Refugee Farmers in San Diego Want To Run The Farm They Cultivate

A group of refugee farmers in San Diego formed a nonprofit in an effort to manage the land it has been farming on, but no one can tell them who owns it, inewsource reports. The 2 acres of land are listed as a public right of way in city records, but the city said it did not own a title to the land when asked by inewsource. A local community development corporation has been managing the land for years and leasing it to the refugee farmers of the New Roots Community Farm, but the farmers revolted when they learned the CDC never owned the land. When the farmers refused to renew their lease, the CDC refused to let them back on the property to tend to the plants they had cultivated on what might be public land, leading to a standoff between 80 community members and a security guard. The guard called the police, who left after learning the CDC had no proof of ownership.


Curated by Deonna Anderson

MORE NEWS

  • The New York City Housing Authority, the biggest public housing program in the country, has limited funding to address billions of dollars in repairs. Now it’s turning to private companies to take on operations. How will this affect residents and the future of housing? Code Switch / NPR

  • Massachusetts Governor Maura Healey signed an executive order instituting skills-based hiring practices for the state’s workforce. Press Release

  • UPS plans to cut 12,000 jobs, just five months after agreeing to a new labor deal that would increase salaries for drivers. By the end of the five-year deal, they will earn an average of $170,000 in annual pay and benefits. CBS

  • The Green Energy Justice Cooperative will develop solar projects for low-income and Black and brown communities in Illinois. Inside Climate News

  • Tent city supporters in Vancouver have been trying to persuade the city and park board to provide services such as better washrooms, and access to water and electricity to people living in Canada’s homeless encampments. The Tyee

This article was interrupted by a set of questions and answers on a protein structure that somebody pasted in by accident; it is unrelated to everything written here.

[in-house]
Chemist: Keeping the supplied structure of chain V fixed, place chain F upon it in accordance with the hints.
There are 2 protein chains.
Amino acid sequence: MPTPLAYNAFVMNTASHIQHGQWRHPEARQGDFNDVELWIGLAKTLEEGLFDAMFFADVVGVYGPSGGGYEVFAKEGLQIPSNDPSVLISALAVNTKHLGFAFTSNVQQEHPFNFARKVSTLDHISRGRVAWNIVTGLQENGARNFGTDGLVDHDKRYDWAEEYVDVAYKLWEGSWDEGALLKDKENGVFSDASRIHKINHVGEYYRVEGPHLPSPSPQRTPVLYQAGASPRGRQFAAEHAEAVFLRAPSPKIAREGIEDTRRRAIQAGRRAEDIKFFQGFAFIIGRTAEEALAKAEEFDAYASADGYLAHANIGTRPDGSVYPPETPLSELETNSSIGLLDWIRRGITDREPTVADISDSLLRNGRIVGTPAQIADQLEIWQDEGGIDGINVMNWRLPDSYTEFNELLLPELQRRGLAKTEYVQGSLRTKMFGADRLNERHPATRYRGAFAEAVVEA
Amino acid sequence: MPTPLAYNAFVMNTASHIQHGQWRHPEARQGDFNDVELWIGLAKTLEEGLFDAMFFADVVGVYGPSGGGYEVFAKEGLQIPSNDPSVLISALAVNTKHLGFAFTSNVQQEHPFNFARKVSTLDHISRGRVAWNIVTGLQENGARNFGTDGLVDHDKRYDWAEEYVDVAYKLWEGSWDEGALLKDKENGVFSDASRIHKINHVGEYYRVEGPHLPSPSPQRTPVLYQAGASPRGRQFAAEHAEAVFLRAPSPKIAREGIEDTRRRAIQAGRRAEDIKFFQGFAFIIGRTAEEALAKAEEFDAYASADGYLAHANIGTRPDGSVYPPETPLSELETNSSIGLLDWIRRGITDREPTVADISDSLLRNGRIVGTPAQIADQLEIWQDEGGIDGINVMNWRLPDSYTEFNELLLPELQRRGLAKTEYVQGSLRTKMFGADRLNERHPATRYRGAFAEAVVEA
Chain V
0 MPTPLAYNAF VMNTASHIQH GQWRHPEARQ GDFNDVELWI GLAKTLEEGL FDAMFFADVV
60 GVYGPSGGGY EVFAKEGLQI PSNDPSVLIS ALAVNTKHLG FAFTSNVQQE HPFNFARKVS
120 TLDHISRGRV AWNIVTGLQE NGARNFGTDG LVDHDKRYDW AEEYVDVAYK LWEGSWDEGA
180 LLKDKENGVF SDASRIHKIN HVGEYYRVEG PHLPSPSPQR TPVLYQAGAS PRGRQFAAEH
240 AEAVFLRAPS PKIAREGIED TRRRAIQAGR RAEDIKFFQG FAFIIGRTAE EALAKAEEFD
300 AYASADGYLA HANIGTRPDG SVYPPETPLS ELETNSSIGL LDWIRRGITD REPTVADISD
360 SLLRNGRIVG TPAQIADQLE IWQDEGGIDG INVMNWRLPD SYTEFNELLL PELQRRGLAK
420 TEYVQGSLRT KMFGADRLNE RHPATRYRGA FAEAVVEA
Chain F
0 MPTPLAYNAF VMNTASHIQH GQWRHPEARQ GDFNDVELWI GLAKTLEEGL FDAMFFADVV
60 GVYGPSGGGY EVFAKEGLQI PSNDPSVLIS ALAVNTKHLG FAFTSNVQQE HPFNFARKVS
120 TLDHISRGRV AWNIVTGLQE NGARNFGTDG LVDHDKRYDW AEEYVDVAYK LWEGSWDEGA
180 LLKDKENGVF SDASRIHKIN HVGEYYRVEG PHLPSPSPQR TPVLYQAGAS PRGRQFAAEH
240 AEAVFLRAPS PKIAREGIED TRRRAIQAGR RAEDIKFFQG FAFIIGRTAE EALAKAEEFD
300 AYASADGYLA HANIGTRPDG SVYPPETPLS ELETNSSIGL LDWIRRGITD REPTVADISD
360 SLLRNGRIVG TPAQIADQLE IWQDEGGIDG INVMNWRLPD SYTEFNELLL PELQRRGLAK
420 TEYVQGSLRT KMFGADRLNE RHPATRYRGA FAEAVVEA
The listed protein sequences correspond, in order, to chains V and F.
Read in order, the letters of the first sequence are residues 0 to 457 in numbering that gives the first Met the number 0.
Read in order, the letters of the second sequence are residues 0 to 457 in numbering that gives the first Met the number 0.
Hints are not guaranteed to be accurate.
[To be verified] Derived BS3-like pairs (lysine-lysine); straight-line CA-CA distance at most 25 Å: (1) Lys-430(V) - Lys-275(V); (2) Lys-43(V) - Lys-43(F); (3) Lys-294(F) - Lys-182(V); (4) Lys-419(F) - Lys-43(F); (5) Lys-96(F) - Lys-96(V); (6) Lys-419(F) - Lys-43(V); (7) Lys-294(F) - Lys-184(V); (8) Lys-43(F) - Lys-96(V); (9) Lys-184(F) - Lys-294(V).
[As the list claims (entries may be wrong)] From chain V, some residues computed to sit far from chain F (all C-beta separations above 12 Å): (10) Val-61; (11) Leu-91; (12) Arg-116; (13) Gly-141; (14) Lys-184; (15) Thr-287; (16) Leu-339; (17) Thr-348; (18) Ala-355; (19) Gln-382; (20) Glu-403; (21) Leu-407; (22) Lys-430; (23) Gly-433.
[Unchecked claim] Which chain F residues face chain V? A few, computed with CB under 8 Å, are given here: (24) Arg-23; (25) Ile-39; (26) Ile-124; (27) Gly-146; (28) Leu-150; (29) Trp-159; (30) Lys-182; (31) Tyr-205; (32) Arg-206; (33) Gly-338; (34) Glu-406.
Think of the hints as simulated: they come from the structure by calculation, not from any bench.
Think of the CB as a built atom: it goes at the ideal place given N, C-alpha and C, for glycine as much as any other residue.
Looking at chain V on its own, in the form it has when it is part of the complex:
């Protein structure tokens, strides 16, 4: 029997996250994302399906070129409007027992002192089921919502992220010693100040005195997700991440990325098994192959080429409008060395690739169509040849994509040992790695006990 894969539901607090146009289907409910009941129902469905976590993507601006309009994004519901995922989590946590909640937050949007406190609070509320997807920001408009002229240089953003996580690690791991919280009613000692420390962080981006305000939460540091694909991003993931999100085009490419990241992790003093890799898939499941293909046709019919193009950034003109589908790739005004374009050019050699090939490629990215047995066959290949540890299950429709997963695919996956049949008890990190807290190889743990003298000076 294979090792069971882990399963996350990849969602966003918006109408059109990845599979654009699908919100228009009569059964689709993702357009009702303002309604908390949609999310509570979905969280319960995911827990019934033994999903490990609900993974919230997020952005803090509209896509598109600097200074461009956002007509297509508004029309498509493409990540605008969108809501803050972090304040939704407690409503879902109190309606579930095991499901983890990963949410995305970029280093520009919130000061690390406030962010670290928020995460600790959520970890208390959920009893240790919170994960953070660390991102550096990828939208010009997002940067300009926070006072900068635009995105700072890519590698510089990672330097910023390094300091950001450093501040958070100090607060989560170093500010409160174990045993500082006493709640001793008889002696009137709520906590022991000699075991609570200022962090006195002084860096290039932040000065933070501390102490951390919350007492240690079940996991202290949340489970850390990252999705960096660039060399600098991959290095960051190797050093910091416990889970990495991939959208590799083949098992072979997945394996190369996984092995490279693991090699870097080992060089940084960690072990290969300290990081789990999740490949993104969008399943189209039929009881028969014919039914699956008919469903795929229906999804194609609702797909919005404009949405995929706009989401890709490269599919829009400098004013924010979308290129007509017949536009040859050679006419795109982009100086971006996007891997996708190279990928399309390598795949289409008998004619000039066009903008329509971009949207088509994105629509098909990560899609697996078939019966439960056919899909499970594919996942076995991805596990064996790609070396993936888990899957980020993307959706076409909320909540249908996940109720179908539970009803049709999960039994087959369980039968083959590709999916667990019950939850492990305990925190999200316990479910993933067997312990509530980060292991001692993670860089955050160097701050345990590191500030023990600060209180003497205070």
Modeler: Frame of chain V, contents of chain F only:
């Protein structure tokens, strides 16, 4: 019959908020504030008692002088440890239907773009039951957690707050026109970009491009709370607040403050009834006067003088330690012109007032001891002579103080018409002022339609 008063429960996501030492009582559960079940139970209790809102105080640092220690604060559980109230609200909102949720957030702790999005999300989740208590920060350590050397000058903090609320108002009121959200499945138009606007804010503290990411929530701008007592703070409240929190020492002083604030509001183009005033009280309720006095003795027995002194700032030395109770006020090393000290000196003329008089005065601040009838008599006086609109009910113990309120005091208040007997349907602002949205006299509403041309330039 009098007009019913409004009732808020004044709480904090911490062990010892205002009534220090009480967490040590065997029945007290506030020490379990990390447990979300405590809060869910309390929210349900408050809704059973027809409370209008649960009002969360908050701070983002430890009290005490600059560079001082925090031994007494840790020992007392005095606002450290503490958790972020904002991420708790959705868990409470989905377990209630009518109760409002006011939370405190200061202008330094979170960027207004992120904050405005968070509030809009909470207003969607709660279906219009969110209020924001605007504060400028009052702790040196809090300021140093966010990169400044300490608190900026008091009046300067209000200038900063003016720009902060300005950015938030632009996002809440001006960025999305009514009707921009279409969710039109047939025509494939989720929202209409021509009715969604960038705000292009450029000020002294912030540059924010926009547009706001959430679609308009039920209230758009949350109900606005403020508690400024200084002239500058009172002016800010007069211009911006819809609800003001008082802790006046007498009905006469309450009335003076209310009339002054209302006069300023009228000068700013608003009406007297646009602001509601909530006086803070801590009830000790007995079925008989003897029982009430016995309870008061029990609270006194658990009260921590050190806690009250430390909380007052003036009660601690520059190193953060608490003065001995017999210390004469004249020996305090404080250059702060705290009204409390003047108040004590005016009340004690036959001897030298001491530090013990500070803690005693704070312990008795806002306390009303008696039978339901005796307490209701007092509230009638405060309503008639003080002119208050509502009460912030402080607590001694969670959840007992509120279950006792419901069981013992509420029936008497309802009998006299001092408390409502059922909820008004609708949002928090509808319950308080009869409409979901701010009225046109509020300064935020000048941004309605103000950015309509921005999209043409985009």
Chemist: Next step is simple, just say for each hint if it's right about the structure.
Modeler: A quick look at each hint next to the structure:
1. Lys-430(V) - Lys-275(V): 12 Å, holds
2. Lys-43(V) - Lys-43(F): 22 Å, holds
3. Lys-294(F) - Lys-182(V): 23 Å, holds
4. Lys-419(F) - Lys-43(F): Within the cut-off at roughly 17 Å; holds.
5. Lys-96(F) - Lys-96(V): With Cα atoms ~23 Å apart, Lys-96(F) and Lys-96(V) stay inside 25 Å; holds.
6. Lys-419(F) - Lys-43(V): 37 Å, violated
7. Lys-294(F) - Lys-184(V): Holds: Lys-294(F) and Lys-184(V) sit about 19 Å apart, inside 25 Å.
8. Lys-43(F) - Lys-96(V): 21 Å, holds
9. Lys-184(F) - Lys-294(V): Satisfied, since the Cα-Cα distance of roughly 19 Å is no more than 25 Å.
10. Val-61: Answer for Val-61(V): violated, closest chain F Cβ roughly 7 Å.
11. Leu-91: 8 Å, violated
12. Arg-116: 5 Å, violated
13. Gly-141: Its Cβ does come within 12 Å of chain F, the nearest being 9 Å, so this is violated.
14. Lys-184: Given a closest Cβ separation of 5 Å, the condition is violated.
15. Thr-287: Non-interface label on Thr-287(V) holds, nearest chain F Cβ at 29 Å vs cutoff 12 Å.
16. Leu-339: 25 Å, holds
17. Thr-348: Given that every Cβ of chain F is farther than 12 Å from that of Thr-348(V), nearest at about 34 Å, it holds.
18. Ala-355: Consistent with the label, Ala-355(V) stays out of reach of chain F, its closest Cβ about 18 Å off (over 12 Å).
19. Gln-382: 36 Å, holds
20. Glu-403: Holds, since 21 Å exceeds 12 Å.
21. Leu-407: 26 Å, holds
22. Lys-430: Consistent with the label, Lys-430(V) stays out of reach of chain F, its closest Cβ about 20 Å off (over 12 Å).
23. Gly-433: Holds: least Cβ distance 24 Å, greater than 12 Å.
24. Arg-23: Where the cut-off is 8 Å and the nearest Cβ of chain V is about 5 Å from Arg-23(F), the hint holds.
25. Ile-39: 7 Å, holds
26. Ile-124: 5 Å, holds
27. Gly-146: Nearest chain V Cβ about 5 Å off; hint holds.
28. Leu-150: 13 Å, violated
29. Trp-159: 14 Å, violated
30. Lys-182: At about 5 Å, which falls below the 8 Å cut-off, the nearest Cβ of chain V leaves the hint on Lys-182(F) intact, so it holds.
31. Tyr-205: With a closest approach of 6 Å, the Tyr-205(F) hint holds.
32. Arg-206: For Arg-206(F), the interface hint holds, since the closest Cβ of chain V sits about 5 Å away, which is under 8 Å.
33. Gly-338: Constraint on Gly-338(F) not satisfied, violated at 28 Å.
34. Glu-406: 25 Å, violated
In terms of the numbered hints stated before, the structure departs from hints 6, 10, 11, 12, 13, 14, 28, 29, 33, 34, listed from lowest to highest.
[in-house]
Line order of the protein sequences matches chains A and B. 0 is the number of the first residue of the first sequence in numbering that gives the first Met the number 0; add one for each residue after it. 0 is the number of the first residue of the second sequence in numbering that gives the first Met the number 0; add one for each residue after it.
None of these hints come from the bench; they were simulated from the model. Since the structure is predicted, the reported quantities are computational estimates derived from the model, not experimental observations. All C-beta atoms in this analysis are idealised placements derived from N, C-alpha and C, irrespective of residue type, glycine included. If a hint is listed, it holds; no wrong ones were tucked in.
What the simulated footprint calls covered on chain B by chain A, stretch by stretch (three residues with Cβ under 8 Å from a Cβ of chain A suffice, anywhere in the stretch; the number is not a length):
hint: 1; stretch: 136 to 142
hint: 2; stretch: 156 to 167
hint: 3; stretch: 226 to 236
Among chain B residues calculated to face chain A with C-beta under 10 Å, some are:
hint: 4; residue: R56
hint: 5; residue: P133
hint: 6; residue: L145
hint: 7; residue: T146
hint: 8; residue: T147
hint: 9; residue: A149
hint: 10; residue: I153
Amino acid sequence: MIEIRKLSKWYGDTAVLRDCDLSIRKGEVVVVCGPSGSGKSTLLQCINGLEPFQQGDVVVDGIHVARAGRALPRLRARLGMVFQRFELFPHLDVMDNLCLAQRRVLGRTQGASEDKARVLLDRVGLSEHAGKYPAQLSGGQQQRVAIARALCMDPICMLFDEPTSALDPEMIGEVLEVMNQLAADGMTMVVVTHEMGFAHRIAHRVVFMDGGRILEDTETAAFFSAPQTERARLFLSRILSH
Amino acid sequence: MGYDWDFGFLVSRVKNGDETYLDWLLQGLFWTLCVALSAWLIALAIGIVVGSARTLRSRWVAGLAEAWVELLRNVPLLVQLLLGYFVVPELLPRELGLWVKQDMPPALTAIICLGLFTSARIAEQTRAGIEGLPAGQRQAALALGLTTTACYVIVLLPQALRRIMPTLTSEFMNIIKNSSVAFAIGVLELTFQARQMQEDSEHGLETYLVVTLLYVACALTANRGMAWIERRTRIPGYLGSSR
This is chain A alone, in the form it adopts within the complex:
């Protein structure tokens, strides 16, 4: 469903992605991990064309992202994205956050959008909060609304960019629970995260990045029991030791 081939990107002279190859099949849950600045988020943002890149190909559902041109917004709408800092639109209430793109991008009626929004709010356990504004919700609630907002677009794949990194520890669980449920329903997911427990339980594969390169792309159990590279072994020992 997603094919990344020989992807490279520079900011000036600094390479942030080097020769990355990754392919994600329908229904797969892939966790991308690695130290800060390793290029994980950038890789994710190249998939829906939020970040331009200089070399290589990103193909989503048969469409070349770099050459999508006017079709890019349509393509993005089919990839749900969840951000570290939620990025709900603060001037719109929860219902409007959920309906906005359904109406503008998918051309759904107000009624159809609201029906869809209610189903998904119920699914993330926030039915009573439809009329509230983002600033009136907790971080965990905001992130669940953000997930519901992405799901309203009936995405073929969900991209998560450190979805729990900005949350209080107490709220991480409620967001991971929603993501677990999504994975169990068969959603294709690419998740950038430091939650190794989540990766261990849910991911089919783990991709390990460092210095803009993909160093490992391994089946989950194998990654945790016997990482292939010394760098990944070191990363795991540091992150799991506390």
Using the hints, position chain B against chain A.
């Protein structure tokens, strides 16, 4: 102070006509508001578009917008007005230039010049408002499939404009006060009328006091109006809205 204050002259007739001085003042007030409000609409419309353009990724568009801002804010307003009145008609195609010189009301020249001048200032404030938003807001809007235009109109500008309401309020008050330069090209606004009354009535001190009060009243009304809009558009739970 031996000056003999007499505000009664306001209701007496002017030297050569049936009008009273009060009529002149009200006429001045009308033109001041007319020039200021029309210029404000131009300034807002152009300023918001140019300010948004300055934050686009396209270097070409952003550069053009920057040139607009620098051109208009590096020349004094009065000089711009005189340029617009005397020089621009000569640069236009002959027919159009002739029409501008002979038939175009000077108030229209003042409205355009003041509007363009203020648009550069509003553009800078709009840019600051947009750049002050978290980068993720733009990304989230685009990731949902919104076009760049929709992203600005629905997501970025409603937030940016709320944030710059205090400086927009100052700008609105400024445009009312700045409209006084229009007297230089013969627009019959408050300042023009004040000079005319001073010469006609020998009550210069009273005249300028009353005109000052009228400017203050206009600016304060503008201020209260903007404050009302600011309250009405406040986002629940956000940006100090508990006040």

RESOURCES

  • The Women’s Catalytic Fund is accepting applications for its Spring 2024 Request for Proposals, which will provide one-time $15,000 grants for organizations in California that are working to end gender-based inequity and fundamentally change the systems that perpetuate it. Apps are due by 5 p.m. on Wednesday, February 21. Learn more here.

  • Community advocates and elected officials are invited to apply for City Thread’s Accelerated Mobility Playbook (AMP) Technical Assistance Grant Program now through March 22, 2024. City Thread will host a webinar on February 6 at 11 a.m. Central and encourages interested parties to register for additional information.

EVENTS

  • Next City is hosting a conversation with a handful of Chinatown Community Land Trusts in North America. You’ll learn more about their vibrant histories and promising futures. Wednesday, Feb. 28 at 1 p.m. Eastern. Click here to register!

This article is part of The Weekly Wrap, a newsletter rounding up stories that explain the problems oppressing people in cities and elevate the solutions bringing us closer to economic, environmental and social justice. Click here to subscribe to The Weekly Wrap newsletter.

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Roshan Abraham is Next City's housing correspondent and a former Equitable Cities fellow. He is based in Queens. Follow him on Twitter at @roshantone.

Tags: solar powerlibrariesnew jerseyvision zerosacramentomarijuanatrafficfarming